Charles H. Brown, MSPharm, RPh, CACP, ACLS, PAL
Common knee injuries are responsible for 20 million physicians' office visits annually. Pharmacists are in a key position to help patients with knee injuries understand their condition and manage their pain.
Each year there are approximately 20 million visits to physicians’ offices because of knee injuries. It is also the most common reason reported for visiting an orthopedic surgeon. No other joint in the human body is as large, or as important, for smooth, powerful, and elegant movement, as the knee. With every running stride or landing from a jump, the knee absorbs and diffuses forces equivalent to 8 to 10 times an individual’s body weight. It coils when one pivots, allowing the foot to point in one direction and the trunk in another. It is a weight-bearing joint that straightens, bends, twists, and rotates. All of these movements increase one’s risk of acute or chronic knee injuries, a source for pain for millions.1-3
Structure of the Knee
The knee performs multiple tasks perfectly because just below the skin lies a lattice network of ligaments and tendons that weaves together multiple muscles and bones. The knee actually consists of 3 bones: the lower end of the thighbone (femur), the end of the shinbone (tibia), and the knee cap (patella). Articular cartilage is a type of slick, hard, bonelike, flexible, white connective tissue that covers the surface ends of the tibia and femur to reduce friction and allow bones to move easily against each other. Meniscus, another important structure in the knee, is a soft, tough,rubbery, crescent-shaped wedge, similarto a shock absorber, between the femur and tibia bones. Meniscus helps distribute the weight of the body across the knee joint, lubricates and protects the articular cartilage from wear and tear, stabilizes the knee when one slides and turns, and limits extreme knee flexion and extension. There are 2 types of meniscus: The lateral meniscus slides forward and backward, and the medial meniscus helps the anterior cruciate ligament (ACL) and medial collateral ligament (MCL) stabilize the knee, absorbing up to 50% of the load applied to the inside of the knee.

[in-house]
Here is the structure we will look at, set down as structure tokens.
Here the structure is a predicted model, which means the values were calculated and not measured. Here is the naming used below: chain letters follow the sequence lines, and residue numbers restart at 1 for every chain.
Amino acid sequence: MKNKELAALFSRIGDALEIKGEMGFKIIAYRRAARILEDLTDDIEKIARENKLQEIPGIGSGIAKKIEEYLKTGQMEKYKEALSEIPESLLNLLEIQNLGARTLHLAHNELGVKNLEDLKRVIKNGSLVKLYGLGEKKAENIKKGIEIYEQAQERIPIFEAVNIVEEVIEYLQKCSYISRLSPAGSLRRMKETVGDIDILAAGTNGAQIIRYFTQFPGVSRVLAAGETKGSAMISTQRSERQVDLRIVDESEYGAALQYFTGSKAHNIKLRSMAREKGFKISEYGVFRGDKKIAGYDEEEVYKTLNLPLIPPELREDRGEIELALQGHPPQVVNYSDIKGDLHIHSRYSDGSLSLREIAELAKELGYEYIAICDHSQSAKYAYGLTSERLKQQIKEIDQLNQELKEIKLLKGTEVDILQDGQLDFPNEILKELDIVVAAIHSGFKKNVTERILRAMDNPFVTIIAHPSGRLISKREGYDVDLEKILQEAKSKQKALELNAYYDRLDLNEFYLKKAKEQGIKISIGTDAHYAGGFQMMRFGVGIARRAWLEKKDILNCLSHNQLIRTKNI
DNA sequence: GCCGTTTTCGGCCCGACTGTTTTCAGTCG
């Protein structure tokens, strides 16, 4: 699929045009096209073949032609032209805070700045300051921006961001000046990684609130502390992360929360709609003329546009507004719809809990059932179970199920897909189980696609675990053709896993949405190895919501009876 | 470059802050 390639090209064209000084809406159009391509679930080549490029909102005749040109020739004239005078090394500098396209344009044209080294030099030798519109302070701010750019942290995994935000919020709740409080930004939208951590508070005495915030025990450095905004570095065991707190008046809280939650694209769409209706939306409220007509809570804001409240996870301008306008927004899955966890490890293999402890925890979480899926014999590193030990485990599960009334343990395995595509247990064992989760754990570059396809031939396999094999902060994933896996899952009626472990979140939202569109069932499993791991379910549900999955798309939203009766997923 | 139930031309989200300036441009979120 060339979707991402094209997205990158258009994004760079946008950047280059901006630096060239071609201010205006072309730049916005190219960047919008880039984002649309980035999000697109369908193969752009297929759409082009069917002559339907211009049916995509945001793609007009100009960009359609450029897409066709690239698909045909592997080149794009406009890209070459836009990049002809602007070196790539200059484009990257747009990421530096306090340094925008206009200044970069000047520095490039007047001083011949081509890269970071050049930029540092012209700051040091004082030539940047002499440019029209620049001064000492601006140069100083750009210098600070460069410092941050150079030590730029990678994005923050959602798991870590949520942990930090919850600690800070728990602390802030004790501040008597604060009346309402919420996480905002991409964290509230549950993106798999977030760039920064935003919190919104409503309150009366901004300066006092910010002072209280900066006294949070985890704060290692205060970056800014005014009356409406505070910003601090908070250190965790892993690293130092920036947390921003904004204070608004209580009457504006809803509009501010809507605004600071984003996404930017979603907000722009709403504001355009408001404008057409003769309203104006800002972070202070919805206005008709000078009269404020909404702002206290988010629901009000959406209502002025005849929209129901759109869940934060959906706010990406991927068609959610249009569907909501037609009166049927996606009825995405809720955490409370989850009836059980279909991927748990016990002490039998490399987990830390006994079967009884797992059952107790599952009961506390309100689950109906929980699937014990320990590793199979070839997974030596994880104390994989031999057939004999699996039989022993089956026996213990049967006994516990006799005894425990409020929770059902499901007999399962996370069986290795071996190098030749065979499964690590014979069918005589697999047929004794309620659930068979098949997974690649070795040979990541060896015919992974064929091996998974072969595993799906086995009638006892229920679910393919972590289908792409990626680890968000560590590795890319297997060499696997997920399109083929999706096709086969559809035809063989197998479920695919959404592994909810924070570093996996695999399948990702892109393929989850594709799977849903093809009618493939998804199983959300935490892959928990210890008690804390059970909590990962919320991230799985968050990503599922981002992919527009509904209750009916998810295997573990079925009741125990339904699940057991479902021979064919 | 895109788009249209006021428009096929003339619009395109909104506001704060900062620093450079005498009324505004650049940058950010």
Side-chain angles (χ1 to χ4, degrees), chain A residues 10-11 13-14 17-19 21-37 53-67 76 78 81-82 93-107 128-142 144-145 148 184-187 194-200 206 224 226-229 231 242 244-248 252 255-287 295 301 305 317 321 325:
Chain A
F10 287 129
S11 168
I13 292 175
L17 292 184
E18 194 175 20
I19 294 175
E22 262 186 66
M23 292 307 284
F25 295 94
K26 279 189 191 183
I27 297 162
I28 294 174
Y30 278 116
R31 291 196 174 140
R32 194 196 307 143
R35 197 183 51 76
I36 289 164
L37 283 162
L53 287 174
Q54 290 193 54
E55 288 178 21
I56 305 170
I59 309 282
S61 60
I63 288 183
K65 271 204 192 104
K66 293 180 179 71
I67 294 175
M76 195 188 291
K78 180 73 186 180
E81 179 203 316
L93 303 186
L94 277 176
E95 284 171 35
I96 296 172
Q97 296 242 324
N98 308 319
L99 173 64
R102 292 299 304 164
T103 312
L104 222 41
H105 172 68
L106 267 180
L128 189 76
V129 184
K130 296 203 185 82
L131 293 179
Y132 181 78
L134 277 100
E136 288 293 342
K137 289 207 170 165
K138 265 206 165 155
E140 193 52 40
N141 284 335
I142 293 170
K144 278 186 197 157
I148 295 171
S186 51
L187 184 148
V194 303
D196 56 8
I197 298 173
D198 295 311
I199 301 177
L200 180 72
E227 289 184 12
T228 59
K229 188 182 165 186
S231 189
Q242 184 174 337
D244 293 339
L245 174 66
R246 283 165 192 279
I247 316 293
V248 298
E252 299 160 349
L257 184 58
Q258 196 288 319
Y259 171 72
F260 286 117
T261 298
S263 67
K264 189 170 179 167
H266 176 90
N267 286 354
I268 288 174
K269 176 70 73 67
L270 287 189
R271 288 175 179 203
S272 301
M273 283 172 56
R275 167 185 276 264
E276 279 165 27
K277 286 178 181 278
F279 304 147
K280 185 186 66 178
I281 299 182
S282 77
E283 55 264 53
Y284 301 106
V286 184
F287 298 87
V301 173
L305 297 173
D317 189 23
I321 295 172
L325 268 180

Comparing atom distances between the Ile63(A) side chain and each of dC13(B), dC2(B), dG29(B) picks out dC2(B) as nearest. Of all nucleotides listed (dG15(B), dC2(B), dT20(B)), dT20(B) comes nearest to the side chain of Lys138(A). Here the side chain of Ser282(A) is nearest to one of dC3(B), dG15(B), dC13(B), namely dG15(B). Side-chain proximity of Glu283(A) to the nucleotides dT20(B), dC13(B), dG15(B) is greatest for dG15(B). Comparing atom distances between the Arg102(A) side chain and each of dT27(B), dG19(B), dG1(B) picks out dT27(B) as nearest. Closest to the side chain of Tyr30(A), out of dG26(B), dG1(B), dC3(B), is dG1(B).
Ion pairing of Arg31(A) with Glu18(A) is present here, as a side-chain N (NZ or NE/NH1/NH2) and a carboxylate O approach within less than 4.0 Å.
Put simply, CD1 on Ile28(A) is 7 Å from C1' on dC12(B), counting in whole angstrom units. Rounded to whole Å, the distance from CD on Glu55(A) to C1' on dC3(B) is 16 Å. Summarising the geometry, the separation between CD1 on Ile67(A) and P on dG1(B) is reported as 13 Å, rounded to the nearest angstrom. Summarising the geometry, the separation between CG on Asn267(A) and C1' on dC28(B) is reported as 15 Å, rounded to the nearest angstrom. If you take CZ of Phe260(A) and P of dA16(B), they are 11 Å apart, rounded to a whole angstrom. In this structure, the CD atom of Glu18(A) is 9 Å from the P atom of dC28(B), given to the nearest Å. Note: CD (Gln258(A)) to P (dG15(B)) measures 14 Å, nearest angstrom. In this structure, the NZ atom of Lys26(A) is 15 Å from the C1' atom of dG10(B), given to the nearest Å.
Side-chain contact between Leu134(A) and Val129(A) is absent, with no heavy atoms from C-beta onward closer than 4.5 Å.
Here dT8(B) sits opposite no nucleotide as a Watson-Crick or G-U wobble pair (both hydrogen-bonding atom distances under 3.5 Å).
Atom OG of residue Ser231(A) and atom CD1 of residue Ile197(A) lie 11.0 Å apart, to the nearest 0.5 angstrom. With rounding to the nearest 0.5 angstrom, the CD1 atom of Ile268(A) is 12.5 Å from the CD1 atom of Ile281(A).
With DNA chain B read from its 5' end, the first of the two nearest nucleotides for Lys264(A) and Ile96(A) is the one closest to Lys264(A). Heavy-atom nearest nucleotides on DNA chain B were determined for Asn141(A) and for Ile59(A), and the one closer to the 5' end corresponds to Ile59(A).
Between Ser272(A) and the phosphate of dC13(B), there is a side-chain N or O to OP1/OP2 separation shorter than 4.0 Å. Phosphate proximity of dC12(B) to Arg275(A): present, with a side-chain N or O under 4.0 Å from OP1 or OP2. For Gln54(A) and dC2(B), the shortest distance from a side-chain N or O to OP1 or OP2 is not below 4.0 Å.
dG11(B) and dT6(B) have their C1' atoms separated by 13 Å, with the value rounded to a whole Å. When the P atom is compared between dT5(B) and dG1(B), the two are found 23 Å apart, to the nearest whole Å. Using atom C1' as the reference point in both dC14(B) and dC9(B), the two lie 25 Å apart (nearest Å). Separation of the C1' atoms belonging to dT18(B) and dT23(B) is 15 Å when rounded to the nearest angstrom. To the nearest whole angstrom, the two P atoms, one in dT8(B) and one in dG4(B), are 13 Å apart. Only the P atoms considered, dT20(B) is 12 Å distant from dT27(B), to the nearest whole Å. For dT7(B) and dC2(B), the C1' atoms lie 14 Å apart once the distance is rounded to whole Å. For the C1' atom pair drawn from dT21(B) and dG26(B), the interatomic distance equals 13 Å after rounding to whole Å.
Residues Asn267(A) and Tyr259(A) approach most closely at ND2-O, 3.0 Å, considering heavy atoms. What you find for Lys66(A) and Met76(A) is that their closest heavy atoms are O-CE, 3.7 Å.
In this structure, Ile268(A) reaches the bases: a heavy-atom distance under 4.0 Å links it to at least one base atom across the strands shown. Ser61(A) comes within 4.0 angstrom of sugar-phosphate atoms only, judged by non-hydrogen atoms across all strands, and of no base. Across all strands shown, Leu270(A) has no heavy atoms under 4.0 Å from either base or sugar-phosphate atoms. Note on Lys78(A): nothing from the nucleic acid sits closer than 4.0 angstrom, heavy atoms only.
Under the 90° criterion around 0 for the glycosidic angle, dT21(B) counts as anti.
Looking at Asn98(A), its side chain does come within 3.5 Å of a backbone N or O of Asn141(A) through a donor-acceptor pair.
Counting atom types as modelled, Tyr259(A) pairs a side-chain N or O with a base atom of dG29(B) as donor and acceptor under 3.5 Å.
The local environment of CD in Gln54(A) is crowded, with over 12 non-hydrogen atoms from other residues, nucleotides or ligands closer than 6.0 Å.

Just behind the kneecap are 4 essential ligaments that connect the femur and tibia: 1) the MCL runs along the inside of the knee joint and provides stability to the medial (inner) part of the knee; 2) the lateral collateral ligament (LCL) runs along the outside of the knee joint and provides stability to the lateral (outer) part of the knee; 3) the ACL is in the center of the knee and limits rotation and forward leg movements; and 4) the posterior cruciate ligament (PCL) is in the center of the knee and limits backward leg movements.